In James Thurber's short story "Mr. Preble Gets Rid of His Wife," Mr. Preble is planning to murder his wife so he can run off with his secretary. She is suspicious when he asks her to go down to the cellar with him, and he blurts out the truth almost immediately — and ends up in an argument about the selfish and inconsiderate way he's chosen to go about it (she's in the middle of a book and doesn't feel like going down to the cellar to be murdered just now; it's cold down there, and he's picked out a lousy murder weapon and makes her wait while he goes to find another one... and so on).
Croup seems to be disappointed about not hitting any fingers, implying that he couldn't even tell the difference.
New York magazine used to have various humorous reader competitions. One of them was to write literature and theater reviews as if by a critic who Completely Missed The Point. (E.g., one entry panned Crime and Punishment for revealing the murderer's identity at the beginning, thus spoiling the mystery. Another reviewed a Dick and Jane book, saying that the author seems to be aiming for a Hemingway-like style, "but the effect is mechanical rather than taut.") This may have been inspired by a genuine review of Lady Chatterlys Lover published in a country sports magazine, which complained that all the interesting parts about the life of a gamekeeper were broken up by a tedious romantic subplot.
Kitty and Lydia from Pride and Prejudice go mad over "the officers, the officers" when the militia arrives at Meryton. This despite the fact that the Napoleonic Wars are in full swing; any even halfway competent officer, even one in the militia, would be in Europe. The officers left in England were the dregs of the corps, suitable only for training raw recruits.
Not necessarily — there were plenty of rich young men who wanted the prestige of a military connection without the danger of getting shot at and hence purchased commissions in the militia which legally could not be posted overseas. Lydia's just a moron for not snapping up one of the rich ones.
Lydia and Mrs. Bennet are both thrilled with Lydia's Shotgun Wedding to Mr. Wickham, in spite of the fact that Wickham ran off with Lydia for two weeks with no intention of marrying her and left a pile of debts behind him, making it clear that he's horrible husband material by any standard of the time. Mrs. Bennet at least is upset about the situation until the marriage is confirmed, and has good reason to be relieved that her daughter (and by extension the prospects of all her other daughters) is not Defiled Forever, but it never even occurs to Lydia for a moment that she's done anything to be embarrassed about, and she first smugly congratulates herself for the great joke she's playing on everyone by running off with the man, then later badgers her sisters to congratulate and praise her for her marriage.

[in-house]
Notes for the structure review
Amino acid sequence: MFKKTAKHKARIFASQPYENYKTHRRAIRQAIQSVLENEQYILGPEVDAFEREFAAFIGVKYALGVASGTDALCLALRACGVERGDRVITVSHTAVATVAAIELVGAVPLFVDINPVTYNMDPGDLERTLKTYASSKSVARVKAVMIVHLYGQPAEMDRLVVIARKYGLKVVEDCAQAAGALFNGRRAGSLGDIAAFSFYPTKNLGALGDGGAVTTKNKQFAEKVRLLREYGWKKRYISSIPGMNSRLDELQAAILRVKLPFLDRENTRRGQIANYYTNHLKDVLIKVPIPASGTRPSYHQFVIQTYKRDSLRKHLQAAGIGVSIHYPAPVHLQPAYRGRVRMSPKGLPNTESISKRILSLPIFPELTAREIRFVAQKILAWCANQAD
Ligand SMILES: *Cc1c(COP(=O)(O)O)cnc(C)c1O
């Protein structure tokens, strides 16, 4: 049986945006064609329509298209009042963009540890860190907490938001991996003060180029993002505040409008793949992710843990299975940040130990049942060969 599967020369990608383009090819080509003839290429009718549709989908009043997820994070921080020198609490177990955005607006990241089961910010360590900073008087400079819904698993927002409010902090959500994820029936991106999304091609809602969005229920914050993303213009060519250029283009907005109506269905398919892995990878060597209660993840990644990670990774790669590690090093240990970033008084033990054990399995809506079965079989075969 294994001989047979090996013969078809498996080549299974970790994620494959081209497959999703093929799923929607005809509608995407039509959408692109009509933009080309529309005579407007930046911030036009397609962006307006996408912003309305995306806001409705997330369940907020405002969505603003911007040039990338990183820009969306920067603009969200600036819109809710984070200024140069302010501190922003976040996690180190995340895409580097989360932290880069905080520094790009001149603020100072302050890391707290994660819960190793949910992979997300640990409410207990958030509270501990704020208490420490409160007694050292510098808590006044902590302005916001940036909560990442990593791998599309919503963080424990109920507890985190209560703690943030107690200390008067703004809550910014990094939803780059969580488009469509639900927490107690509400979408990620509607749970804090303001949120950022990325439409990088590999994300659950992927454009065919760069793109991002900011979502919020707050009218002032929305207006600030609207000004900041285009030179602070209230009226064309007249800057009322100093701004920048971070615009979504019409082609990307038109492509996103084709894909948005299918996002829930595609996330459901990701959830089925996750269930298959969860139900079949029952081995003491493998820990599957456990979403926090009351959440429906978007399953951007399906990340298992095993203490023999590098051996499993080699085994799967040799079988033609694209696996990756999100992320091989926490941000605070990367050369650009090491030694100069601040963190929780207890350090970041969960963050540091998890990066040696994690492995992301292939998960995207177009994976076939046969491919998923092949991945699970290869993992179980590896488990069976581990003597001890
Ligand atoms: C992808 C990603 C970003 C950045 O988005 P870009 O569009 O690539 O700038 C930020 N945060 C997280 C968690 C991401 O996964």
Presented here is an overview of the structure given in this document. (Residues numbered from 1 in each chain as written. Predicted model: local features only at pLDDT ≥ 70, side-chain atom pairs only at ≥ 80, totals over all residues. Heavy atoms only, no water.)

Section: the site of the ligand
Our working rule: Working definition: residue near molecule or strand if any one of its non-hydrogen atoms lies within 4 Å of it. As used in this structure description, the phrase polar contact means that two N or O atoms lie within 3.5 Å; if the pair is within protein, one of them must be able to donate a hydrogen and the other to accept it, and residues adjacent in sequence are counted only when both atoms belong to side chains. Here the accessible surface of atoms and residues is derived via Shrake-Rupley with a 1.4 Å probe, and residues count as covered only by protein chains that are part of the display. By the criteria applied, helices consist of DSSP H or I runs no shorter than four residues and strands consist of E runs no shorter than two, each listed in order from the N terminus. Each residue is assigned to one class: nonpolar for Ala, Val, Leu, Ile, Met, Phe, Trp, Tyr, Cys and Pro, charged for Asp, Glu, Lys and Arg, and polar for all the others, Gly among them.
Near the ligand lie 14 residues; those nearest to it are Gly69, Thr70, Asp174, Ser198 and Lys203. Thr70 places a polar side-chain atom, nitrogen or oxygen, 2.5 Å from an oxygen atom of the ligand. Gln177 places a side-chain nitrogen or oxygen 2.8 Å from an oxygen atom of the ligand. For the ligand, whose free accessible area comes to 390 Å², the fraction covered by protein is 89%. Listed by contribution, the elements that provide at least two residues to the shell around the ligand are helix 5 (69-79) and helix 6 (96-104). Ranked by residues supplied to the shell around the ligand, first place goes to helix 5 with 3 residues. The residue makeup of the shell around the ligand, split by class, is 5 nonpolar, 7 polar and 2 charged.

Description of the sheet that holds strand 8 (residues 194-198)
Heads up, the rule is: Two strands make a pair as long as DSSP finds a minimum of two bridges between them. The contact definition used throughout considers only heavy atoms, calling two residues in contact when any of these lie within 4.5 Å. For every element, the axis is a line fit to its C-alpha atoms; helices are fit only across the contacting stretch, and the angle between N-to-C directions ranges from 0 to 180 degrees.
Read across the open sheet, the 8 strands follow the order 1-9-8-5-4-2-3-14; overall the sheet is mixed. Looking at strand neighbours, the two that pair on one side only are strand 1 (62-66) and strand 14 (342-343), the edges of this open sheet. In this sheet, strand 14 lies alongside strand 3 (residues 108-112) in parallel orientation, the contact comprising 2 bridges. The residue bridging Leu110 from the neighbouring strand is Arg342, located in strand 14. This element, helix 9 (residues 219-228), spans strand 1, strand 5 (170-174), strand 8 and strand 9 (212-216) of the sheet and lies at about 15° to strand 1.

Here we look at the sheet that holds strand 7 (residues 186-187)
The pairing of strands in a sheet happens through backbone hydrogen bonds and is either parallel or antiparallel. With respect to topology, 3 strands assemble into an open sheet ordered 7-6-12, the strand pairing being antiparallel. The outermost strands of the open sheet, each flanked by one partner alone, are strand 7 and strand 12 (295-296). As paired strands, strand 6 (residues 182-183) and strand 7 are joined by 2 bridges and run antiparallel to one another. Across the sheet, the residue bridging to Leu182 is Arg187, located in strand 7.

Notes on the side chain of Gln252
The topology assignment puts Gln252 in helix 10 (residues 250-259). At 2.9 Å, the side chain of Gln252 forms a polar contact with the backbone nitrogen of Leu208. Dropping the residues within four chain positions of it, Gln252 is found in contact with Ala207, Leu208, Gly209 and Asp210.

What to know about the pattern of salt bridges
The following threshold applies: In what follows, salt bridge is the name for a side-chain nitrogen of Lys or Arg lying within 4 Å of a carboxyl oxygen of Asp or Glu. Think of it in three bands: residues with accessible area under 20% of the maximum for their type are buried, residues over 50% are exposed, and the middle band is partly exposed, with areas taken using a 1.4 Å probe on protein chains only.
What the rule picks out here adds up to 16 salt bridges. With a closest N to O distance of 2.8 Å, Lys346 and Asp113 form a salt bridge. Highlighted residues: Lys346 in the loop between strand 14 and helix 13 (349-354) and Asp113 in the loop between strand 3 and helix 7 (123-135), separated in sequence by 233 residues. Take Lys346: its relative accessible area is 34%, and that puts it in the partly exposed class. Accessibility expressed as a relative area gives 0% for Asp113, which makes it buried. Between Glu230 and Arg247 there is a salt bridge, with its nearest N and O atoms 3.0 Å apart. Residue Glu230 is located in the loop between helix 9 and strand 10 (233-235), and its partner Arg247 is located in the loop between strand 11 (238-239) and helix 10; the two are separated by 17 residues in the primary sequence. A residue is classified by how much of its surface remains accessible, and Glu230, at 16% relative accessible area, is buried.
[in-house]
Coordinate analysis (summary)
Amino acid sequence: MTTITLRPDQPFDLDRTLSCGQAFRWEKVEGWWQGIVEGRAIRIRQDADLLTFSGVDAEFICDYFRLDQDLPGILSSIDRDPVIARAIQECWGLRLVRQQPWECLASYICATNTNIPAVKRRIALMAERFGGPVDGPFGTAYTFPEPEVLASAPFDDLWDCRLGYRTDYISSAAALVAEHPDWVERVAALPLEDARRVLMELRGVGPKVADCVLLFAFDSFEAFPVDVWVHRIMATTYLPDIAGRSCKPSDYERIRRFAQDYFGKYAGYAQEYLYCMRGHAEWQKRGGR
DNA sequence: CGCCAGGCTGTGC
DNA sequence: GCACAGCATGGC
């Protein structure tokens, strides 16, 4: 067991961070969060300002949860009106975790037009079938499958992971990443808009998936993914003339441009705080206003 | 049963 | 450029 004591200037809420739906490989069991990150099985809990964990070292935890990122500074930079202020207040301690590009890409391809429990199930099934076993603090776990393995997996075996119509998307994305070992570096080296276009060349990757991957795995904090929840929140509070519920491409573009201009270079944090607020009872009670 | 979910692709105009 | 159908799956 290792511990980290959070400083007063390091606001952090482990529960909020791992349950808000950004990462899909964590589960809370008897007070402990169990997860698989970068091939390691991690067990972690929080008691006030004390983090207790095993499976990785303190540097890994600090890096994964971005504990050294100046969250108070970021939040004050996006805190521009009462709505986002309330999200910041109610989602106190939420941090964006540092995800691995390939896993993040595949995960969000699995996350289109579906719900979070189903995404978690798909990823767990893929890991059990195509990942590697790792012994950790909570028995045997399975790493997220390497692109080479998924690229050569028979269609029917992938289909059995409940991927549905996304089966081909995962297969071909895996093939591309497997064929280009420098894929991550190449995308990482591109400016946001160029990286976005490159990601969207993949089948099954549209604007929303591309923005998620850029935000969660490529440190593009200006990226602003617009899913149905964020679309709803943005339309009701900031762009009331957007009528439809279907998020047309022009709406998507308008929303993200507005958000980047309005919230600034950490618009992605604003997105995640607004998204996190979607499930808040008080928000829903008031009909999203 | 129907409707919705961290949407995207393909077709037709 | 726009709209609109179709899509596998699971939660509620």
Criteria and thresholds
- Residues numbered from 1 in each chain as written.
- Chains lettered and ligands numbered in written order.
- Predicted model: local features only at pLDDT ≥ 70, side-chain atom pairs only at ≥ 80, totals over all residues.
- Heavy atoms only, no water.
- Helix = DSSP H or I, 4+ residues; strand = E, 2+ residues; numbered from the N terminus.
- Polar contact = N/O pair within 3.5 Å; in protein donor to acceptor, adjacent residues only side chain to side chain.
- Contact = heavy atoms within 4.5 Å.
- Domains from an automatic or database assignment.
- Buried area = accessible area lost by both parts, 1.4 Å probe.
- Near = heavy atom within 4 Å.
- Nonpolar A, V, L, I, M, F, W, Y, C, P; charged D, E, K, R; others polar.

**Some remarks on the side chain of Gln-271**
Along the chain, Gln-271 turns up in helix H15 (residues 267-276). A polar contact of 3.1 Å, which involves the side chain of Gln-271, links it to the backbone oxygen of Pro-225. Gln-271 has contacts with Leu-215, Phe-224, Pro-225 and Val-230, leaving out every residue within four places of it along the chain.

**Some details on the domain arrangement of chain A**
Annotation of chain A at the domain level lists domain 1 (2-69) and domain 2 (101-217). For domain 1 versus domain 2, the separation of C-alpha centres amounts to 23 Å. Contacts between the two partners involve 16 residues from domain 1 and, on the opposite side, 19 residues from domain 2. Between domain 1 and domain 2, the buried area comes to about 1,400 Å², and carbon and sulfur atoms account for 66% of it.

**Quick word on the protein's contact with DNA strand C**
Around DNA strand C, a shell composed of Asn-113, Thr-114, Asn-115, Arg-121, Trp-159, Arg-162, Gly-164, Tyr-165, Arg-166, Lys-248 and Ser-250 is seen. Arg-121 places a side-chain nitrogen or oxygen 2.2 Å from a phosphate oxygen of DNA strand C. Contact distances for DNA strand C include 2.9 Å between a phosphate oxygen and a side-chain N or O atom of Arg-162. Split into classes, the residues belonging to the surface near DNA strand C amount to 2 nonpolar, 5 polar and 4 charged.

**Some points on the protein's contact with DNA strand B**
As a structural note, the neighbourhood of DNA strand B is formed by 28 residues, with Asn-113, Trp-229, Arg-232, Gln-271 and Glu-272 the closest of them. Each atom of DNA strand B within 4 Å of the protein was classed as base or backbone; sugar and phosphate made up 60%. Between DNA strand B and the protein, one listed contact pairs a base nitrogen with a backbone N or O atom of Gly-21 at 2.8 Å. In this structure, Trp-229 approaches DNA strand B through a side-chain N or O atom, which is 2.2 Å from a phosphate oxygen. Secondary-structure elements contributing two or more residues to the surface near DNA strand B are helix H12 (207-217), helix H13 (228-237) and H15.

In The Screwtape Letters, the eponymous demon explains to his nephew that, since there is of course no such thing as real love, G-d cannot possibly really love humanity, and therefore His professed love must be some kind of elaborate deception in order to preserve His power, and that if only the forces of Hell could figure out the scheme behind this deception, they could succeed in winning their war with Heaven:
Screwtape: Since then, we have begun to see why our Oppressor was so secretive. His throne depends on the secret. Members of His faction have frequently admitted that if ever we came to understand what He means by Love, the war would be over and we should re-enter Heaven. And there lies the great task. We know that He cannot really love: nobody can: it doesn't make sense. If we could only find out what He is really up to!
When Shamisen the calico cat suddenly speaks (with with the voice of an old philosopher) in The Sighs of Haruhi Suzumiya, Itsuki is first surprised that it's a male calico. Lampshaded by Kyon.
In Surely You're Joking, Mr. Feynman!, Richard Feynman describes his experiences with physics education in Brazil. For example, students knew cold that "Brewster's Angle is the angle at which light reflected from a medium with an index of refraction is completely polarized." They knew that the light is polarized perpendicular to the plane of reflection. They even knew that the angle's tangent equaled the index of refraction. But when Feynman told them to look out over the water — nothing. When they looked through polaroid, they gushed "Ooo, it's polarized!"